“People who take class notes on laptops when they expect to be tested on the material later tend to transcribe what they’re hearing without thinking about it much. Please try not to do this as you take notes today. Take notes in your own words and don’t just write down word-for-word what the speaker is saying.”[10]


Despite this direction, these laptop users seemed unable to control themselves, and transcribed away, willy-nilly: their verbatim overlap was 12.07%, while the laptop users who got no such instruction had a hardly different rate of 12.11%. The longhand note-takers, with a measly 6.9% verbatim overlap, handily outscored both groups of laptop note-takers — this time, on both the factual and the conceptual questions.


Study 3 was designed to see if the apparently stubbornly verbatim nature of laptop notes would mean better performance over time if the student had a chance to review the notes before a test. After all, having more words to review — and words that had come straight from the professor — would surely enhance recall, wouldn’t it? Surprisingly, that wasn’t the case, either:


  • For all students, the more notes they took, the better they did.
  • Verbatim overlap (transcribing the lecture) was not helpful to students if they chose not to study their notes.
  • Verbatim overlap was detrimental to students who did choose to study their notes.
  • Longhand note-takers outscored laptop note-takers — this time, they even beat the pants off the laptop users in factual questions by a wider margin.


So here’s what you tell your kids: you’re right (you’re welcome). They should hand-write class notes rather than taking notes on a laptop. They’ll thank you for it — but probably not for a good long while.



Jill Williford Wurman is the Director of Research and Development at The Grayson School in Broomall, PA. Click to download a full list of references and additional resources consulted for this article. You can reach Jill with any comments or questions via email at Research@TheGraysonSchool.org.

[1] Çetin, Y. Wai, J., Altay, C., Bushman, B. J. (2016). Effects of violent media on verbal task performance in gifted and general cohort children. Gifted Child Quarterly 60 (4), pp. 279-286. Retrieved online December 2016.

[2] Note: this sample size is pretty significant for a gifted study; generally, of course, because the gifted are by definition rare in the population, the research studies available often report results achieved with populations of 20 or 50 students. 154 is actually pretty big!

[3] The study also controlled for the amount of video students watched at home, in case there was a “familiarity” effect that impacted the results one way or another. While gifted students watched about 20% more nonviolent video than non-gifted students at home, they watched substantially less video that they considered “violent” (39% less) than their non-gifted peers. Regardless, the results were controlled for this difference, and the cognitive effects were found to not be impacted significantly by differences in how much video of either kind watched at home.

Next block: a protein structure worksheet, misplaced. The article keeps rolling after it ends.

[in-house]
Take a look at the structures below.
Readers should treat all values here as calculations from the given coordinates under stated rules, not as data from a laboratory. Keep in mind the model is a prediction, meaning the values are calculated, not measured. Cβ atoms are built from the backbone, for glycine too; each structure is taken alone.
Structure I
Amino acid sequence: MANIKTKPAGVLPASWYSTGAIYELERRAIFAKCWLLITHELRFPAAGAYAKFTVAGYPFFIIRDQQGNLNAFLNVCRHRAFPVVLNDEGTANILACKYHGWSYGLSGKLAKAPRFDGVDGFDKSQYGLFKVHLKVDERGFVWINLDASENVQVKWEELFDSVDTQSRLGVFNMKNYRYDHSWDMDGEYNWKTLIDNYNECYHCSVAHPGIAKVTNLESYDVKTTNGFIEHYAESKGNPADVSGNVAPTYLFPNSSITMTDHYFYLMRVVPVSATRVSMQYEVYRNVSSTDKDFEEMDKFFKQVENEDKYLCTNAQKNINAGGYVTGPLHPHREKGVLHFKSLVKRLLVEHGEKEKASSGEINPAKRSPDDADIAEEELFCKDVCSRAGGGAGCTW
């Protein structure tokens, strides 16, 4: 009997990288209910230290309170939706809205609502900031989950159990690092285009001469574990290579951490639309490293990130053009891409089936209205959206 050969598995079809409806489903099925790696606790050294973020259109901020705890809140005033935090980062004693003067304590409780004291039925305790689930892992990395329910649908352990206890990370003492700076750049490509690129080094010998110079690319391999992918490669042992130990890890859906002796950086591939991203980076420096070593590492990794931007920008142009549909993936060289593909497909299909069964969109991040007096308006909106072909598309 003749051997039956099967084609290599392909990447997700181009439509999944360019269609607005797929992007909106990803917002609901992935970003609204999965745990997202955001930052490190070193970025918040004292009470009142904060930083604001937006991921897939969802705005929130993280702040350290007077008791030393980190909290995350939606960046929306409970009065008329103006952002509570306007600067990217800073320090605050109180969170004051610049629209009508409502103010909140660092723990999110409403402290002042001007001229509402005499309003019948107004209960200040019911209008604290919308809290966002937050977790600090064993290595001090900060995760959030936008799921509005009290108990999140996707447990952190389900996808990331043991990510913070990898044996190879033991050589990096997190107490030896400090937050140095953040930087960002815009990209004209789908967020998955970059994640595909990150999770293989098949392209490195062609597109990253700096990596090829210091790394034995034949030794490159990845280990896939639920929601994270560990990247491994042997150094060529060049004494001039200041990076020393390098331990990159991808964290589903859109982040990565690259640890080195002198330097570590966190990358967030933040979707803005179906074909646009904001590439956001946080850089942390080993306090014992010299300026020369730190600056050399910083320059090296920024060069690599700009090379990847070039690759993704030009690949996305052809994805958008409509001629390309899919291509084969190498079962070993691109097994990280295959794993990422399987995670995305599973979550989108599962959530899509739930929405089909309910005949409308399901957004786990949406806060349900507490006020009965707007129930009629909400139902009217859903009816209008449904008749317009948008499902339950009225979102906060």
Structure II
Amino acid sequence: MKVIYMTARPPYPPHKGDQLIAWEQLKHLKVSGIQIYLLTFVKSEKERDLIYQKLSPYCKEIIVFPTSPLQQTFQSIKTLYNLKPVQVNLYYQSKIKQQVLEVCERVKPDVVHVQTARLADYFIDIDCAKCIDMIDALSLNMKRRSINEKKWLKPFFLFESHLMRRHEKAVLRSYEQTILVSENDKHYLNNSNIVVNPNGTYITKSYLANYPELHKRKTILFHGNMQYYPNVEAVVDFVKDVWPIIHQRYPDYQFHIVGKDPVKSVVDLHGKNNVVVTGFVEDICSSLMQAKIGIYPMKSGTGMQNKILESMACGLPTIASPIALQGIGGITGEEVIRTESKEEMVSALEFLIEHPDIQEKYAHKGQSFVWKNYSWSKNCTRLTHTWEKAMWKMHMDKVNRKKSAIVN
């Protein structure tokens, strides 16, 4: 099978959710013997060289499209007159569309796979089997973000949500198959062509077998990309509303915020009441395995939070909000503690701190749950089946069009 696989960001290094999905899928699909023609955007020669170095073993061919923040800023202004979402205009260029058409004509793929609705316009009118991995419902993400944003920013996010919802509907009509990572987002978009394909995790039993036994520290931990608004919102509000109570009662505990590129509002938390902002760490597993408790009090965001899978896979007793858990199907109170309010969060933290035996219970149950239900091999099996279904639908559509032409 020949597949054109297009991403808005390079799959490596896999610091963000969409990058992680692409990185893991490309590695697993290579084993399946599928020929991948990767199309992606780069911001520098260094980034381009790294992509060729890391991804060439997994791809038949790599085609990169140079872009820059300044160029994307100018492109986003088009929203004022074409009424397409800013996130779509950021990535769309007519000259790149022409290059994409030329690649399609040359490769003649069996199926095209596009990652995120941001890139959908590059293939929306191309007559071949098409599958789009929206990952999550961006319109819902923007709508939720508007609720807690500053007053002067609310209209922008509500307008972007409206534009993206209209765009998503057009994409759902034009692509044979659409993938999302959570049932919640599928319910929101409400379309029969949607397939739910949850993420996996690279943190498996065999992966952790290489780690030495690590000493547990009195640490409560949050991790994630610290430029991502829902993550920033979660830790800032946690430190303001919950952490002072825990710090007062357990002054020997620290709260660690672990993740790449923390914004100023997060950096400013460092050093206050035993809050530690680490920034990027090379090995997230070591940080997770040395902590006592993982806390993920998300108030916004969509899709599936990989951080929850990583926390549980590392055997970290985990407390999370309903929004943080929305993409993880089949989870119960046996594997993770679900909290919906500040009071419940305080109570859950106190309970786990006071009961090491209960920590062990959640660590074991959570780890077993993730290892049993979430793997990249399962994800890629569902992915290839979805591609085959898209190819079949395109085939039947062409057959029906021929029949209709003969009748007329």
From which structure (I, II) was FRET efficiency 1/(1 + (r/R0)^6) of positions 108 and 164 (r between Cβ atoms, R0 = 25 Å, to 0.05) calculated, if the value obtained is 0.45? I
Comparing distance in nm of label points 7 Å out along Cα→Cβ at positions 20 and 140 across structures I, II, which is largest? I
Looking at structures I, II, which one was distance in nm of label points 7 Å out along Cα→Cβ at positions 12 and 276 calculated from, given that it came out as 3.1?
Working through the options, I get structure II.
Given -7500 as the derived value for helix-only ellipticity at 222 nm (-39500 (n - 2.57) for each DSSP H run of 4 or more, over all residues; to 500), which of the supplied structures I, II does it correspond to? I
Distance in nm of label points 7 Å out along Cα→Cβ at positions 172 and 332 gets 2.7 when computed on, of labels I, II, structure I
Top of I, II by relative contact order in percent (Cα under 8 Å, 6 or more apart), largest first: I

[4] How long does this “disappearing giftedness” effect last? The research study did not explore the threshold for the effect, so we’re not sure. Is it permanent? No, of course not. But it lasts long enough that we should remember to keep our kids from watching violent videos before they are supposed to sit down and do homework of any kind!

[5] Caveat: I first pulled and printed this article via a university library back in December 2016, and when I looked it up again online the day before the February 2017 GPA meeting, a very strange thing had happened. It seems that a college professor had a question about the data presented and he called the journal and asked if he could see the raw data from the study. When the editors of the journal contacted the corresponding author, they were told that they needed to speak with one of the two Turkish researchers in the foursome who are co-authors of the article. In an announcement now appended to the front page of the article, the journal now explains that “because of the attempted coup in Turkey,” they have been unable to contact the professor who has custody of the data. As a result, the authors agreed that they should retract the article until such time as he can be found and the question cleared up. As one of the authors is a highly-respected researcher with whose other work I am very familiar, I decided that the findings were still significant enough to share, even if the actual figures are slightly imprecise.

[6] Sana, F., Weston, T., Cepeda, N. J. (2013). Laptop multitasking hinders classroom learning for both users and nearby peers. Computers & Education 62, pp. 24-31.

[7] The researchers on this study suggest that these results may occur because the person DOING the multitasking is choosing when to do it, while the person OBSERVING instead experiences something visually distracting happening at an inopportune moment without being able to NOT see it.

[8] Mueller, P. A., and Oppenheimer, D. M. (2014). The pen is mightier than the keyboard: Advantages of longhand over laptop note taking. Psychological Science 25 (6), pp. 1159-1168.

[9] These examples are taken directly from the research study, pg. 1161.

[10] Mueller & Oppenheimer, pg. 1162.